9. A method of placing information consisting of more than one set of a limited number of characters on film using display means capable of displaying at least two limited sets of characters at different physical locations, comprising the steps of entering one limited set of characters to be placed on the film into the display means; illuminating one set of characters as entered into the display means; entering a second limited set of characters to be placed on the film into the display means; and illuminating the second set of characters as entered into the display means at a different physical location in the display means.
10. Apparatus for placing information on film comprising display means capable of displaying one set of a limited number of characters; means for the user to enter the limited number of characters making up a set of characters to be displayed; interface means for receiving a set of characters entered, storing such characters entered, and supplying signals to the display indicative of the characters entered; means for defining an information area on the film which can contain more than one set of characters; means for illuminating the display so that one set of characters representing the information stored in the interface means is recorded in a portion of the information area of the film; and means for moving the display after a set of characters have been recorded in a portion of the information area of the film so that subsequent sets of characters may be entered and the display illuminated so that said subsequent sets of characters are recorded in different portions of the information area of the film.
11. Apparatus for placing information on film according to claim 10, wherein the means for moving the display moves the display from one position where the display is located immediately adjacent one portion of the information area of the film to be exposed to a second position immediately adjacent a second portion of the information area of the film to be exposed.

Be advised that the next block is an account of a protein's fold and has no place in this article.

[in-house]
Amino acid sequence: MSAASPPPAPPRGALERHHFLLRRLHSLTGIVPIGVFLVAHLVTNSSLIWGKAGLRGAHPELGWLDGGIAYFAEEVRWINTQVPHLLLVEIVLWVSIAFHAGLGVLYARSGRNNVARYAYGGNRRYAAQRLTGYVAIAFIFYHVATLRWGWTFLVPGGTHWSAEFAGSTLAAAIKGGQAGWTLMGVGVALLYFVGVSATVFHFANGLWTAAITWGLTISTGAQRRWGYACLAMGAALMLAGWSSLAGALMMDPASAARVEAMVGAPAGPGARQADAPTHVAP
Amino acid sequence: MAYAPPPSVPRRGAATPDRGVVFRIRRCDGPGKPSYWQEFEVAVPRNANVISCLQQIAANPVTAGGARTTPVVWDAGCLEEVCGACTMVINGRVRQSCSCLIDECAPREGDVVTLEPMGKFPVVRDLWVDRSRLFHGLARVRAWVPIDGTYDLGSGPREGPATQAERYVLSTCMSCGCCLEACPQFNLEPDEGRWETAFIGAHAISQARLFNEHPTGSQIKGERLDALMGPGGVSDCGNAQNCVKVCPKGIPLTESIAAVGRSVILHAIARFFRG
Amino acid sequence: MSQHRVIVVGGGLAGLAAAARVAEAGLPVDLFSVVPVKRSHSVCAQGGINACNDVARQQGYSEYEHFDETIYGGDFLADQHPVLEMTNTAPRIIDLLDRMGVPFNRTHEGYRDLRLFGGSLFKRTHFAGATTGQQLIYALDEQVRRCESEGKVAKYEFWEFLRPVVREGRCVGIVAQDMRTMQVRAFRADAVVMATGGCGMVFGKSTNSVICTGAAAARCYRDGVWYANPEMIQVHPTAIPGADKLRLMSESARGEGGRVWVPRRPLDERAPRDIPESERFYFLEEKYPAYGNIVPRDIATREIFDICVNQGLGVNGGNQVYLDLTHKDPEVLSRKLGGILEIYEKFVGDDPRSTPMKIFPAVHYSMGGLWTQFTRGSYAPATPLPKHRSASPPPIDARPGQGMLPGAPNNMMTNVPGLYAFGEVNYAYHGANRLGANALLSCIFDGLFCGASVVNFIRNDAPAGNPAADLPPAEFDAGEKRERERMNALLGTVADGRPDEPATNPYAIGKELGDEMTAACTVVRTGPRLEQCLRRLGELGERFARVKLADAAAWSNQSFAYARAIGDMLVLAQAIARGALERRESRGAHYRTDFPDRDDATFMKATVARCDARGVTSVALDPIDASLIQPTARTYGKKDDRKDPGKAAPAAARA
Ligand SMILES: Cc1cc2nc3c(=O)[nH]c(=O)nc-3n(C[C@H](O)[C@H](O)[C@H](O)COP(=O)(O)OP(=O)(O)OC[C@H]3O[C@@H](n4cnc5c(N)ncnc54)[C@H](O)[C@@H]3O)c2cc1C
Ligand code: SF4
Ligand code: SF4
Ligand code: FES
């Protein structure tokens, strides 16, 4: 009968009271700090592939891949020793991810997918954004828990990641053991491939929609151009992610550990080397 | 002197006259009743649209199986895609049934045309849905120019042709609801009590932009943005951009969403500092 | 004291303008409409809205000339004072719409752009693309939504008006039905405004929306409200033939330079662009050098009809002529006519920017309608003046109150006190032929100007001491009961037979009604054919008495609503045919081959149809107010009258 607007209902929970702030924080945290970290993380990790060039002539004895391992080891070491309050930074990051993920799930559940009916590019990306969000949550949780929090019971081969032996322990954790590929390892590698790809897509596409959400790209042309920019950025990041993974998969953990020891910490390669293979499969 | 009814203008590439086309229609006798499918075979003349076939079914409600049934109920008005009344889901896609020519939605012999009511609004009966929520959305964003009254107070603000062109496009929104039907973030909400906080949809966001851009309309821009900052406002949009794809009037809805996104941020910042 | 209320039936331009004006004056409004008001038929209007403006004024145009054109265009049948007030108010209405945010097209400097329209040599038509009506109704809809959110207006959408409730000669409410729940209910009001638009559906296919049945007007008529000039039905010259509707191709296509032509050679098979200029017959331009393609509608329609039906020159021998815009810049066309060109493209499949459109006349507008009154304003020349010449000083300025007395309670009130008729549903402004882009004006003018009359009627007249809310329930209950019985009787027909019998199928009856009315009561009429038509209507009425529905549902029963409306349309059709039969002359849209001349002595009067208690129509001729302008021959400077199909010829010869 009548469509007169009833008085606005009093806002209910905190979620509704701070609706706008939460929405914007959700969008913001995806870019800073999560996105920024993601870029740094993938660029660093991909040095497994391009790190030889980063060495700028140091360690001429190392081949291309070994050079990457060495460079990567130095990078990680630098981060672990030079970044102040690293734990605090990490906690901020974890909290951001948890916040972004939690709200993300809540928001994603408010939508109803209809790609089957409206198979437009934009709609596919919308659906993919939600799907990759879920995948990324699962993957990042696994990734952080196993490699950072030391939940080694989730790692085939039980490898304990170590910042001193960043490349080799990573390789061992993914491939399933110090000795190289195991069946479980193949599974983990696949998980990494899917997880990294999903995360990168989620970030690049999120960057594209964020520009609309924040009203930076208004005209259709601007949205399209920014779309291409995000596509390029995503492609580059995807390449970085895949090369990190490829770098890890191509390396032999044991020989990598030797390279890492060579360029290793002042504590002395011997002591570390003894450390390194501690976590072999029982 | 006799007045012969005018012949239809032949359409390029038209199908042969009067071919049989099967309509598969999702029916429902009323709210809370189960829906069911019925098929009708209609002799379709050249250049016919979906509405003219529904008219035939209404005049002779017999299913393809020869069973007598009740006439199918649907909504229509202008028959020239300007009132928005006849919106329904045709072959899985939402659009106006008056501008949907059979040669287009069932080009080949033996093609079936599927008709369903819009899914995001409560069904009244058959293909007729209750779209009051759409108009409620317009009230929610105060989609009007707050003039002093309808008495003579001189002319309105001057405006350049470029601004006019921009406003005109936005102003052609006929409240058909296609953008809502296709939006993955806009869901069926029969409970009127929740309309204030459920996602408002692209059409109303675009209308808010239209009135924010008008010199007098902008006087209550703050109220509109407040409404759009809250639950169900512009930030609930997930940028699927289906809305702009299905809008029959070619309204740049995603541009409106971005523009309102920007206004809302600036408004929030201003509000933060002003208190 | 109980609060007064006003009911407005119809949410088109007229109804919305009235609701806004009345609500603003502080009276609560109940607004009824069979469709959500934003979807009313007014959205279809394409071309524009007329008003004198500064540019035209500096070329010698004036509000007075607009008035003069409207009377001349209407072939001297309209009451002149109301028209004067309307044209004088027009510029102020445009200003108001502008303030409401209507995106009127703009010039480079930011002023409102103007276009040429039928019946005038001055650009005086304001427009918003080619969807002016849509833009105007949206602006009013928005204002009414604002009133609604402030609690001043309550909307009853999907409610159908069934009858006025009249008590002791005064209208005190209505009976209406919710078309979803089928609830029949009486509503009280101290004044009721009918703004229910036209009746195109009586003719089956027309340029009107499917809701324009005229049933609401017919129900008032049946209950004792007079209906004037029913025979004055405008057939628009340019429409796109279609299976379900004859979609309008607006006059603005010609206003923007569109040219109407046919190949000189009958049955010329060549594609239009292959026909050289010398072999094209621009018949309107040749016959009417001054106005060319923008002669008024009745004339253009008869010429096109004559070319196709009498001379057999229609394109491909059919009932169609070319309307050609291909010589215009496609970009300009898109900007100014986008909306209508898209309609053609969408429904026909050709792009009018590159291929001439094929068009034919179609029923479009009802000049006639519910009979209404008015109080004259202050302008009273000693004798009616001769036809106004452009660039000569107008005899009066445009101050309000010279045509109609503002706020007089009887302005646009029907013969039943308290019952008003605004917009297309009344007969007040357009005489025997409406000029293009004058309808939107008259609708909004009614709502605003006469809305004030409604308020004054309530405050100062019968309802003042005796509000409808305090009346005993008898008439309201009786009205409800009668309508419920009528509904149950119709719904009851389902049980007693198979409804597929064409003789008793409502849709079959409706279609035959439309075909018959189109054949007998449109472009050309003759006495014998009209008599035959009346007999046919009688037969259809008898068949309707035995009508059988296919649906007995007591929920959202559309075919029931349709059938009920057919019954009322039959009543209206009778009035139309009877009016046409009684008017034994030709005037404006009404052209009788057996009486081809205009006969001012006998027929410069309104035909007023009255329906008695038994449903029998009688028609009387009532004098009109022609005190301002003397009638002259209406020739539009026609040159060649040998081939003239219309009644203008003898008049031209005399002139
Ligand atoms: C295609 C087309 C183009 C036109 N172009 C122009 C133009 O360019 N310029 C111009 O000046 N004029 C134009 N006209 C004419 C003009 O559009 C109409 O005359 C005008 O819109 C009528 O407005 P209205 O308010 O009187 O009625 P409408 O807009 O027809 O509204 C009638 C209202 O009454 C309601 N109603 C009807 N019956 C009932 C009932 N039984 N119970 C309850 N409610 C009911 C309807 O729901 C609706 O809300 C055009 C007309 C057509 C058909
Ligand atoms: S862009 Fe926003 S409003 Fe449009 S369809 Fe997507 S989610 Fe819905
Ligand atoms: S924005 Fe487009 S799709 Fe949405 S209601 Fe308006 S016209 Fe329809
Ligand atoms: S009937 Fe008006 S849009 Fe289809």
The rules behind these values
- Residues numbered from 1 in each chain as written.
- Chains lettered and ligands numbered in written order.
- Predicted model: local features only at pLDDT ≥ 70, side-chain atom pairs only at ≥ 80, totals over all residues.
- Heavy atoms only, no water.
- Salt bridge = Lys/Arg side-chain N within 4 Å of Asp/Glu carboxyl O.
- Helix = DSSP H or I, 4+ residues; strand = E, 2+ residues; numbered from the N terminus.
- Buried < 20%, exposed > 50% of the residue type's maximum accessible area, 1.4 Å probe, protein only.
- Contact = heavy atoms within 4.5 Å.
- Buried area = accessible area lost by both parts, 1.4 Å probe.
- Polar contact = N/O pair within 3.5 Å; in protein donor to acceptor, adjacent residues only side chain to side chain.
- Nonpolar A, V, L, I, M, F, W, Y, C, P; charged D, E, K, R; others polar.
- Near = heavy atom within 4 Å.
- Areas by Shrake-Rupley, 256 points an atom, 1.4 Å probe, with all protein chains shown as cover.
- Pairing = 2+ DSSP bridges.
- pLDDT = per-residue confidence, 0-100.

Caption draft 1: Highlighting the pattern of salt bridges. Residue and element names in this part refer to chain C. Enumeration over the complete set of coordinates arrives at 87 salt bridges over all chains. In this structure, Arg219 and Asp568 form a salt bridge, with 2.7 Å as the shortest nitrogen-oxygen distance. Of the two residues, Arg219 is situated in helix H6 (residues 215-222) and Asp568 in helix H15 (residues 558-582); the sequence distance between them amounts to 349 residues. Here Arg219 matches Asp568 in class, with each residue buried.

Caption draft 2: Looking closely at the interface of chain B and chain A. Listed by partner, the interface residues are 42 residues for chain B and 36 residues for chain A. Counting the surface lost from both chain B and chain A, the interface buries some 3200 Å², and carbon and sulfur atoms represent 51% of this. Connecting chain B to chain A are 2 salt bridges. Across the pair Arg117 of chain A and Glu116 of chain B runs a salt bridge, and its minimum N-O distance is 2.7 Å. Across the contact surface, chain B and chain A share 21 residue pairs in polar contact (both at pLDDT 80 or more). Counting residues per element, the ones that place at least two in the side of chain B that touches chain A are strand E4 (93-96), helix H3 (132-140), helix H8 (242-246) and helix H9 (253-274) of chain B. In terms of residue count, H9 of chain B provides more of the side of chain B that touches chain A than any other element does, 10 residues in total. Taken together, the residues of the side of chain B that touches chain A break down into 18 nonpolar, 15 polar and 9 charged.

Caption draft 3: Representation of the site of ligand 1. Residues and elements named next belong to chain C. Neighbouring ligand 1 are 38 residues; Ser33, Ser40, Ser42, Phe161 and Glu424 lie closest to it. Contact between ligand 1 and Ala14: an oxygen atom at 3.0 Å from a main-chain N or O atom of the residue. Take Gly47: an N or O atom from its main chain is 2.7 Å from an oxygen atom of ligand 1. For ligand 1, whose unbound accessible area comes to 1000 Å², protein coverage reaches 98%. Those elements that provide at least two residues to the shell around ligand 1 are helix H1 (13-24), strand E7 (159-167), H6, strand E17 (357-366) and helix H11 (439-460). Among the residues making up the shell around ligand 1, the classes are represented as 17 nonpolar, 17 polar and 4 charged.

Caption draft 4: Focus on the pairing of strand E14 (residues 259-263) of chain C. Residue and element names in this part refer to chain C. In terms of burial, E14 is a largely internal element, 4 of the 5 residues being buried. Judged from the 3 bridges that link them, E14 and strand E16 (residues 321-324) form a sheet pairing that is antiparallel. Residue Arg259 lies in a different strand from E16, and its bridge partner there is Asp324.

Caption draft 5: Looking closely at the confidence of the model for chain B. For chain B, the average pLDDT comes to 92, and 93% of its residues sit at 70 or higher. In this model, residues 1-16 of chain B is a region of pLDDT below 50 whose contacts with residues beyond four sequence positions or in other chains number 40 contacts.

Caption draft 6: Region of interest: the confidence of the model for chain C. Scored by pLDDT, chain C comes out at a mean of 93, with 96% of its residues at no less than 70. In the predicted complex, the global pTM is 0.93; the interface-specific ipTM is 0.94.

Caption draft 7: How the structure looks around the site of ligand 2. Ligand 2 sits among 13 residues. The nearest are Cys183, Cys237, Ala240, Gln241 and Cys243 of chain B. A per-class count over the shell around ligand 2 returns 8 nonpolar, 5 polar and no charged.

12. Apparatus for placing information on film according to claim 11, wherein the means for moving the display includes movement guides and the display is positioned for movement along such guides.
13. Apparatus for placing information on film according to claim 12, wherein the means for moving the display includes manual means for moving the display to positions along the guides.
14. Apparatus for placing information on film according to claim 13, wherein the manual means includes a wheel to be manually turned, gear means coupled to said wheel, and rack means attached to the display and mating with the gear means so that rotation of the wheel causes rotation of the gear means which causes movement of the rack means and display along the guides.
15. Apparatus for placing information on film according to claim 10, wherein the display includes means for projecting the information displayed onto a portion of the information area of the film and the means for moving the display moves the display from one position where the information displayed can be projected onto one portion of the information area of the film to a second position where the information displayed can be projected onto a second portion of the information area of the film.